What is stress?
Stress is your body’s response to change. The body reacts to change by releasing adrenaline, a hormone that causes your breathing and heart rate to speed up and your blood pressure to rise. These reactions help you deal with the stressful situation at hand.
Many types of situations can trigger this response. Stressors can be positive or negative, as well as real or imagined. They may be recurring, short-term or long-term, and may include things like commuting to and from school or work every day, traveling for a yearly vacation, or moving to another home.
Stressful situations can be mild and relatively harmless, such as watching a scary movie or riding a roller coaster. Some changes, however, like marriage or divorce, serious illness or a car accident, are more serious. Other stressors are extreme, such as exposure to violence, which can lead to traumatic stress reactions.
When is stress a problem?
Not all stress is bad. Speaking to a group or watching a close basketball game can be stressful situations, but they can be fun, too.
Problems arise when stress does not go away and your body remains in high gear for days or weeks at a time. Prolonged stress may cause an increase in heart rate and blood pressure.
How does stress make you feel?
Stress affects each of us in different ways. You may have physical signs, emotional signs or both.
- It can make you feel angry, afraid, excited or helpless.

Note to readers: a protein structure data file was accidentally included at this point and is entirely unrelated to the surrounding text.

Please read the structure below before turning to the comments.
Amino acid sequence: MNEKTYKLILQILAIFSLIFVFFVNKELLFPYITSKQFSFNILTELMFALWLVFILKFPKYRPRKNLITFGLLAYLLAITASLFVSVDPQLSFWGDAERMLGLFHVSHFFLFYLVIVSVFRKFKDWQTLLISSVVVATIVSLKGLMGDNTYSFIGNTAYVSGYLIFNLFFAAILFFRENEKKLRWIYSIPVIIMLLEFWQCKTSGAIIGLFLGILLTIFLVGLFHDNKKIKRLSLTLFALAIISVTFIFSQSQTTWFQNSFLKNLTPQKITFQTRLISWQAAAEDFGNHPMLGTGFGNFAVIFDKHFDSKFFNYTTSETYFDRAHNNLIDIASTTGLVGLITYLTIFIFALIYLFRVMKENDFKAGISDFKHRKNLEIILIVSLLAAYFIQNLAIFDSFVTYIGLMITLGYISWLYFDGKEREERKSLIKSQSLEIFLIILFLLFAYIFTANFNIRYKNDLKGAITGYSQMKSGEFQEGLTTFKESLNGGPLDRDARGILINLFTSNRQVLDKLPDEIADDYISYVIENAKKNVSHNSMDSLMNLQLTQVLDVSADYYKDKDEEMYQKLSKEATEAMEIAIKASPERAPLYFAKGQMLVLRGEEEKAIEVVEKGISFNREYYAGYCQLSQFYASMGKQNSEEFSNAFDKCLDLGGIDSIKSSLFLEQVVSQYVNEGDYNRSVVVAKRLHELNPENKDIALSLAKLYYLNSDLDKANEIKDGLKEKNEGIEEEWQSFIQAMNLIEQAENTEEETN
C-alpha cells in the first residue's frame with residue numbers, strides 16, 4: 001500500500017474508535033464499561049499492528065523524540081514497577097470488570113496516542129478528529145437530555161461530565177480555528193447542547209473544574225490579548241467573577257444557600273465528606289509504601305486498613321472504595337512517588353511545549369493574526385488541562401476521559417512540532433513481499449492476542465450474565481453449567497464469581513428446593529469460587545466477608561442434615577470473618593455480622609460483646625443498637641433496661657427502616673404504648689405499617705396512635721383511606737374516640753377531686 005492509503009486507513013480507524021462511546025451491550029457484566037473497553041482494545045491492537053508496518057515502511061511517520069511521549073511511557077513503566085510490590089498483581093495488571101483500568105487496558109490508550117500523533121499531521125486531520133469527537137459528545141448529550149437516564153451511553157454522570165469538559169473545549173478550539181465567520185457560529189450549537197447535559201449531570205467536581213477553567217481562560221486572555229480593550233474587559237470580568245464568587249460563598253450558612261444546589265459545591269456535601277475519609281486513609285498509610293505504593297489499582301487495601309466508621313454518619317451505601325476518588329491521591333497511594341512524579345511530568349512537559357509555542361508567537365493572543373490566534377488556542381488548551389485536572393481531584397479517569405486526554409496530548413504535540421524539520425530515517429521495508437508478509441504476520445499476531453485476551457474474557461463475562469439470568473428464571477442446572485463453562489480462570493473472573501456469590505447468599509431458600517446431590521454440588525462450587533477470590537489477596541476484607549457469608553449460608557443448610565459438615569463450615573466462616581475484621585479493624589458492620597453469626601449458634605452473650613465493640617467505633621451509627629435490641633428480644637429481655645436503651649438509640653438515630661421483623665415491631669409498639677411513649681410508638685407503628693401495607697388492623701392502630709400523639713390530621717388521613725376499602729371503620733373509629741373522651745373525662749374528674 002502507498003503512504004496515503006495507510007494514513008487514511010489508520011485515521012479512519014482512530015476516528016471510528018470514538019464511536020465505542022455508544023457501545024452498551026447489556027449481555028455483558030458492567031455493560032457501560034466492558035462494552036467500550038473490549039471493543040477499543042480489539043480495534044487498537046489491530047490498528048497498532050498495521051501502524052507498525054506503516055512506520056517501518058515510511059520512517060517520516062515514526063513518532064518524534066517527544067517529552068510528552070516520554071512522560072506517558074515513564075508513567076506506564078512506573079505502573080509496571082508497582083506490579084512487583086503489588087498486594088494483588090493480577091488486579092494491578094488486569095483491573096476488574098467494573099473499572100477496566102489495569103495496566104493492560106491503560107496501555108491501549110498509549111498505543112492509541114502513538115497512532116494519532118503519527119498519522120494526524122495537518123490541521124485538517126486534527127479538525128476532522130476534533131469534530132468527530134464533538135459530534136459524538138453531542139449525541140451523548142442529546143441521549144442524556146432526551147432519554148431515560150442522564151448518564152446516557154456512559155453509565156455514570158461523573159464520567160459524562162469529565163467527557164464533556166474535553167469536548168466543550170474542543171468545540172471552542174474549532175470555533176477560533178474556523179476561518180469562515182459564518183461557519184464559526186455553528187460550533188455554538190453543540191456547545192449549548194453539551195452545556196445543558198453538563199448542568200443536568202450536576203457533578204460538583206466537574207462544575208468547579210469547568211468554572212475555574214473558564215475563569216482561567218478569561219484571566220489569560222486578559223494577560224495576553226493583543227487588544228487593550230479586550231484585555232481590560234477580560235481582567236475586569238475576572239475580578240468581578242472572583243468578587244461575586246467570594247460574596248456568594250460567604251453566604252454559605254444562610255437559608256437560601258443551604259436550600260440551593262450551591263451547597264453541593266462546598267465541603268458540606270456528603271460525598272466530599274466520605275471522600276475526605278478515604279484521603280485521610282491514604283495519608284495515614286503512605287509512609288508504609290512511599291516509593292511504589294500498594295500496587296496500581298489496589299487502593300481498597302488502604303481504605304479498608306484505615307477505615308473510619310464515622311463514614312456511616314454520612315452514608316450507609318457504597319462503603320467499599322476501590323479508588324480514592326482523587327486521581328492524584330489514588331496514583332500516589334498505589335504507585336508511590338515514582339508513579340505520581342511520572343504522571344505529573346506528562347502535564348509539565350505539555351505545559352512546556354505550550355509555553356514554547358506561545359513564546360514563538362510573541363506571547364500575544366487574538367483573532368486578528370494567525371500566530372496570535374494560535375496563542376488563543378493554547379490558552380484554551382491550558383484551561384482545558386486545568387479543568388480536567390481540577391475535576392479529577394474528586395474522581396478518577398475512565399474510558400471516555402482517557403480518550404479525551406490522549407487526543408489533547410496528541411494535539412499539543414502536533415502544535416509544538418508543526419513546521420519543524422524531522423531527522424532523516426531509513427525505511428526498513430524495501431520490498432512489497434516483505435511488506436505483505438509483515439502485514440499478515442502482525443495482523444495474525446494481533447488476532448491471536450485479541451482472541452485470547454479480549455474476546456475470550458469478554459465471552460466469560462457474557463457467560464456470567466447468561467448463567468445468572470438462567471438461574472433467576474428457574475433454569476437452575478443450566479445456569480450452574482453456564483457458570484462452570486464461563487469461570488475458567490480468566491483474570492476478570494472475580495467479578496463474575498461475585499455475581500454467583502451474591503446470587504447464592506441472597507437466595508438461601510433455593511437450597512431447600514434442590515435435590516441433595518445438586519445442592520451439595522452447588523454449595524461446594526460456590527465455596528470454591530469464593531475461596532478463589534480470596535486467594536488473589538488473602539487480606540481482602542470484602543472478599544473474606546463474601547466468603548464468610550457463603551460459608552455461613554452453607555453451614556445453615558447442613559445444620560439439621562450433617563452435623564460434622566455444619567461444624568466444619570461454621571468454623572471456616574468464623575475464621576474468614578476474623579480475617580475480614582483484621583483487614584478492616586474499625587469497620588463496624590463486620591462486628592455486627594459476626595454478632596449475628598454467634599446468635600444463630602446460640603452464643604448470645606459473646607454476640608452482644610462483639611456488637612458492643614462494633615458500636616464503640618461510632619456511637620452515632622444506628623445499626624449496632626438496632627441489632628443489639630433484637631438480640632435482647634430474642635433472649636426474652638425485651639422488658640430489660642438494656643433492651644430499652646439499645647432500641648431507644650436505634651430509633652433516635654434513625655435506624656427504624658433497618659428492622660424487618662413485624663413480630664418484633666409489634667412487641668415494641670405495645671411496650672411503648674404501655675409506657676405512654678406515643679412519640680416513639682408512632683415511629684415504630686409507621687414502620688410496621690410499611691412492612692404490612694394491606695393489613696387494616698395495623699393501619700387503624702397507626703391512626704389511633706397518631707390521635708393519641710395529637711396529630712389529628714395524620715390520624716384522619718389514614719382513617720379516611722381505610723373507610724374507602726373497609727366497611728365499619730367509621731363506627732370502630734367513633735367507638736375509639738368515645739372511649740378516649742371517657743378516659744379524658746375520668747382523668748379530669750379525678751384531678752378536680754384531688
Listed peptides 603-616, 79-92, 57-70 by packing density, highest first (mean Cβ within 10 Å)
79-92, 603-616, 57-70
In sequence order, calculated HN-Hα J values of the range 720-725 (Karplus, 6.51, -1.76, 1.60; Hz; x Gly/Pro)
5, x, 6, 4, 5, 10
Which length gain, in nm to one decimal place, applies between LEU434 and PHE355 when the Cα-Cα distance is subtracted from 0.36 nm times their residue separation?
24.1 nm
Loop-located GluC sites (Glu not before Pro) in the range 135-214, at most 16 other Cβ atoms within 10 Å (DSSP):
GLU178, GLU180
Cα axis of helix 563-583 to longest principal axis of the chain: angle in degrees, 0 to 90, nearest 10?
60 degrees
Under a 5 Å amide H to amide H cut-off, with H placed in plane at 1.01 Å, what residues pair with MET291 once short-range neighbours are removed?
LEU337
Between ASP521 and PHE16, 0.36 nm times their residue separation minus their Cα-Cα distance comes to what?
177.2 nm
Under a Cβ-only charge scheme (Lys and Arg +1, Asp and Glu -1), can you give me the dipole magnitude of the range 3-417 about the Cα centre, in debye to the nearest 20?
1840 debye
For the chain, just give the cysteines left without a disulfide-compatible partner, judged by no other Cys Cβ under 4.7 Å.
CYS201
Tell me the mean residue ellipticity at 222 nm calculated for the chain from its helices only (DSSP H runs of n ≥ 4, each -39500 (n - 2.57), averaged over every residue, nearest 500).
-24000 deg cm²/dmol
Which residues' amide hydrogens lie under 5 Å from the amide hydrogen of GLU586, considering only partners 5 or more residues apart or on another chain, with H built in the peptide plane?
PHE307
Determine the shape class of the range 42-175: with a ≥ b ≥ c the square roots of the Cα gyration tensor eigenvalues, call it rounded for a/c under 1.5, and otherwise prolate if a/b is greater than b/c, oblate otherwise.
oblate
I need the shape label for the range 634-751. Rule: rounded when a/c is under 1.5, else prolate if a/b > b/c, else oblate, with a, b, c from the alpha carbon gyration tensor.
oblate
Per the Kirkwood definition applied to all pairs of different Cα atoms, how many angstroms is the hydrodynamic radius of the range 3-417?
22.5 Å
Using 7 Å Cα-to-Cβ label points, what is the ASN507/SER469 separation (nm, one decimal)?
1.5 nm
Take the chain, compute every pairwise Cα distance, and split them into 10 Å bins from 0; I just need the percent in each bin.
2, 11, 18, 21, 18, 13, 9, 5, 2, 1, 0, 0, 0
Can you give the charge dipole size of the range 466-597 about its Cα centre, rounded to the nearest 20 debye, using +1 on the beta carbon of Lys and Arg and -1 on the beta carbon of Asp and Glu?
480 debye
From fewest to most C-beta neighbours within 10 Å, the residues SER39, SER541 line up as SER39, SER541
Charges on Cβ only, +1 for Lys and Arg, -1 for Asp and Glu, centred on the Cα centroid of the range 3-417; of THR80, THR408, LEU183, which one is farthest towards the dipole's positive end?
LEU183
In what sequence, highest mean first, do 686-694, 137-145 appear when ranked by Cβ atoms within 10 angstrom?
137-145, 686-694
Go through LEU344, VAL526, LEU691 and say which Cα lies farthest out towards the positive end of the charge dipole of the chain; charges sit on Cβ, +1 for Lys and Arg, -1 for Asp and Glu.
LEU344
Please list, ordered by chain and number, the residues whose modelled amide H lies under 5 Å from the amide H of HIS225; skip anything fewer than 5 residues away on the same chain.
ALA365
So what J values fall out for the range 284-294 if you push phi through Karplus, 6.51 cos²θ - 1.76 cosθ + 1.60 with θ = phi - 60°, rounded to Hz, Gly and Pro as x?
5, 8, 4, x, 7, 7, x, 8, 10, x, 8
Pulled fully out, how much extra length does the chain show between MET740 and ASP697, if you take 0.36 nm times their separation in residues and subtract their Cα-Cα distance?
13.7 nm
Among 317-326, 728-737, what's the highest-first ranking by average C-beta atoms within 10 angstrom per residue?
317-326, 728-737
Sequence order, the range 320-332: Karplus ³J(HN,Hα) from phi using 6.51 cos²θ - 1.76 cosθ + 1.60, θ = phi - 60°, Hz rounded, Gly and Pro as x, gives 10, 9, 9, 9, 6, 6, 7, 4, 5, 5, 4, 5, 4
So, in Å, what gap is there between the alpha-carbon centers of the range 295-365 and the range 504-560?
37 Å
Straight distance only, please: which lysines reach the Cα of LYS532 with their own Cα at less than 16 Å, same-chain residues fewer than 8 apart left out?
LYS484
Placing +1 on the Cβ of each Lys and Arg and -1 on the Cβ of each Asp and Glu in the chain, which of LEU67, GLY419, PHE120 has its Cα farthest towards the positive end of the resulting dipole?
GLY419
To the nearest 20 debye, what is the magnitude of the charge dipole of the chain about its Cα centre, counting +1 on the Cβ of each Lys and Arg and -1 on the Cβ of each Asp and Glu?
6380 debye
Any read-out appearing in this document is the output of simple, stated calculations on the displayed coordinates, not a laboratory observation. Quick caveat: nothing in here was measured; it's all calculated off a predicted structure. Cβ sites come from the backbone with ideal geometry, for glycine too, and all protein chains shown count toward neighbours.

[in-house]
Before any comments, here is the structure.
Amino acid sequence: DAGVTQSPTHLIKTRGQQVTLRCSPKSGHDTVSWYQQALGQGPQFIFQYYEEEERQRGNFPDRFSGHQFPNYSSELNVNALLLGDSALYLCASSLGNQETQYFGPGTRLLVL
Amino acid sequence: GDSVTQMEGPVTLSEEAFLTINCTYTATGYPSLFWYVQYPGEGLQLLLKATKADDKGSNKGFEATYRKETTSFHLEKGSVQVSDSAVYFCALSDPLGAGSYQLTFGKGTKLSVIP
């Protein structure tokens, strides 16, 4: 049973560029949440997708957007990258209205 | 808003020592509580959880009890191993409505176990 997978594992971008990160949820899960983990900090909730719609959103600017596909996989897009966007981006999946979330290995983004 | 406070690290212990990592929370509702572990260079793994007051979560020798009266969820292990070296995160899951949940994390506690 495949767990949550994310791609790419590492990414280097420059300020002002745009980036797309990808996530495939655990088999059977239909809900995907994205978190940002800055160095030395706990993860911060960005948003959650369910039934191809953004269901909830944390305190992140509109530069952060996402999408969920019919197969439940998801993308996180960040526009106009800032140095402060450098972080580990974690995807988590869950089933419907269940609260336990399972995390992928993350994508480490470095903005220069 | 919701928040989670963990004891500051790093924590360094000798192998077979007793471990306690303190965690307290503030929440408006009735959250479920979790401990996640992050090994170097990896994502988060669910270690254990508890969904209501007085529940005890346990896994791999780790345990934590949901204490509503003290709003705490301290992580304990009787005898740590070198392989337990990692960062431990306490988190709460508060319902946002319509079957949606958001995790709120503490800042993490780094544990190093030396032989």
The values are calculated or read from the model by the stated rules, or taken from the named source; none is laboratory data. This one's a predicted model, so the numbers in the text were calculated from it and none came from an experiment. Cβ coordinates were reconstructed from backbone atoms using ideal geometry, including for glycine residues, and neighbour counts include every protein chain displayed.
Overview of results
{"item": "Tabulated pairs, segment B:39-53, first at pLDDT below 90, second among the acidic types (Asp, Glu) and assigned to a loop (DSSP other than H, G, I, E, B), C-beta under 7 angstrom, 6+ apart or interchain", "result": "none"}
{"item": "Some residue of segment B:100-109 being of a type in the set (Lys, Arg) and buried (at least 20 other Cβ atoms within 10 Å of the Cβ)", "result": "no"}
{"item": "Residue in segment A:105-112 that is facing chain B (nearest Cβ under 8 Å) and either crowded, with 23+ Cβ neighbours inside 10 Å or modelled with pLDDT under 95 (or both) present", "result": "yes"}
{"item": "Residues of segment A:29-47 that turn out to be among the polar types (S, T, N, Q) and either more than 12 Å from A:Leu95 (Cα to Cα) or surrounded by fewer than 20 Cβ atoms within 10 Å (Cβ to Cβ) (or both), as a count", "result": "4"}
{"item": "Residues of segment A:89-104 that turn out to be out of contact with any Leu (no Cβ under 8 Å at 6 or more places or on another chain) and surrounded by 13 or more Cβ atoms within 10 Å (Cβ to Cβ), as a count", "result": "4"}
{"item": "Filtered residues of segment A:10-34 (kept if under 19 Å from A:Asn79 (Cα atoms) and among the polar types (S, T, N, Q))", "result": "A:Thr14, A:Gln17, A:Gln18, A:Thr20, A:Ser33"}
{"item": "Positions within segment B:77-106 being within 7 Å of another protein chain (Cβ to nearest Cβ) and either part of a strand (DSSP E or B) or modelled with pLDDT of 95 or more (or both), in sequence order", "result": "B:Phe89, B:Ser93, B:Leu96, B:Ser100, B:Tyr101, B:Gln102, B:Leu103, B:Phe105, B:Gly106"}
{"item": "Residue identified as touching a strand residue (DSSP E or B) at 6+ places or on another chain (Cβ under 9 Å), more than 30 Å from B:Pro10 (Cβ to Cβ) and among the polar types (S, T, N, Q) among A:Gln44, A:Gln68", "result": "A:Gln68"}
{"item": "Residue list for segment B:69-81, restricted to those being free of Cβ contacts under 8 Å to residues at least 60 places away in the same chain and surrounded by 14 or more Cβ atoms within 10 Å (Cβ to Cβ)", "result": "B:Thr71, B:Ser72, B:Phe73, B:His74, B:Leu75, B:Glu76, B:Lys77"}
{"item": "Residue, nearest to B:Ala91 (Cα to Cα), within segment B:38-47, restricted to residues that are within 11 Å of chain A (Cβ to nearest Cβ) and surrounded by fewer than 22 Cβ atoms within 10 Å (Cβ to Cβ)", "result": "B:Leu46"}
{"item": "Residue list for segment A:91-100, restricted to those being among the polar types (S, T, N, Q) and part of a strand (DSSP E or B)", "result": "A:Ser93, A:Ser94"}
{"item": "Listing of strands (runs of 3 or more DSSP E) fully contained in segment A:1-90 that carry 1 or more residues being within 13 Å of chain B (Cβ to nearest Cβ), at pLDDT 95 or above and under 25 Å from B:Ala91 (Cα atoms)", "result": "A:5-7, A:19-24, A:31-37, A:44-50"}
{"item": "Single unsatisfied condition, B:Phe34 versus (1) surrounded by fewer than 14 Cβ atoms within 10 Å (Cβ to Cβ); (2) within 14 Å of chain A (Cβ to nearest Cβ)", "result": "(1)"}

- It can make it hard to sleep.
- It can give you aches in your head, neck, jaw and back.
- It can lead to habits like smoking, drinking, overeating or drug abuse.
- You may not feel it at all, even though your body suffers from it.
How does stress affect your overall health?
Stress can have different effects on each person. For example, some people experience mainly digestive symptoms, while others may have headaches, sleeplessness, depressed mood, anger and irritability. People under chronic stress are prone to more frequent and severe viral infections, such as the flu or common cold. Also, vaccines, such as the flu shot, are less effective for them.
Of all the types of stress, changes in health from routine stress may be hardest to notice at first. Because the source of stress tends to be more constant than in cases of traumatic stress, the body gets no clear signal to return to normal functioning. Over time, continued strain on your body from routine stress may lead to serious health problems, such as heart disease, high blood pressure, diabetes, depression, anxiety disorder and other illnesses.
Information courtesy of the American Heart Association, National Institutes of Health, National Institute of Mental Health and FamilyDoctor.org.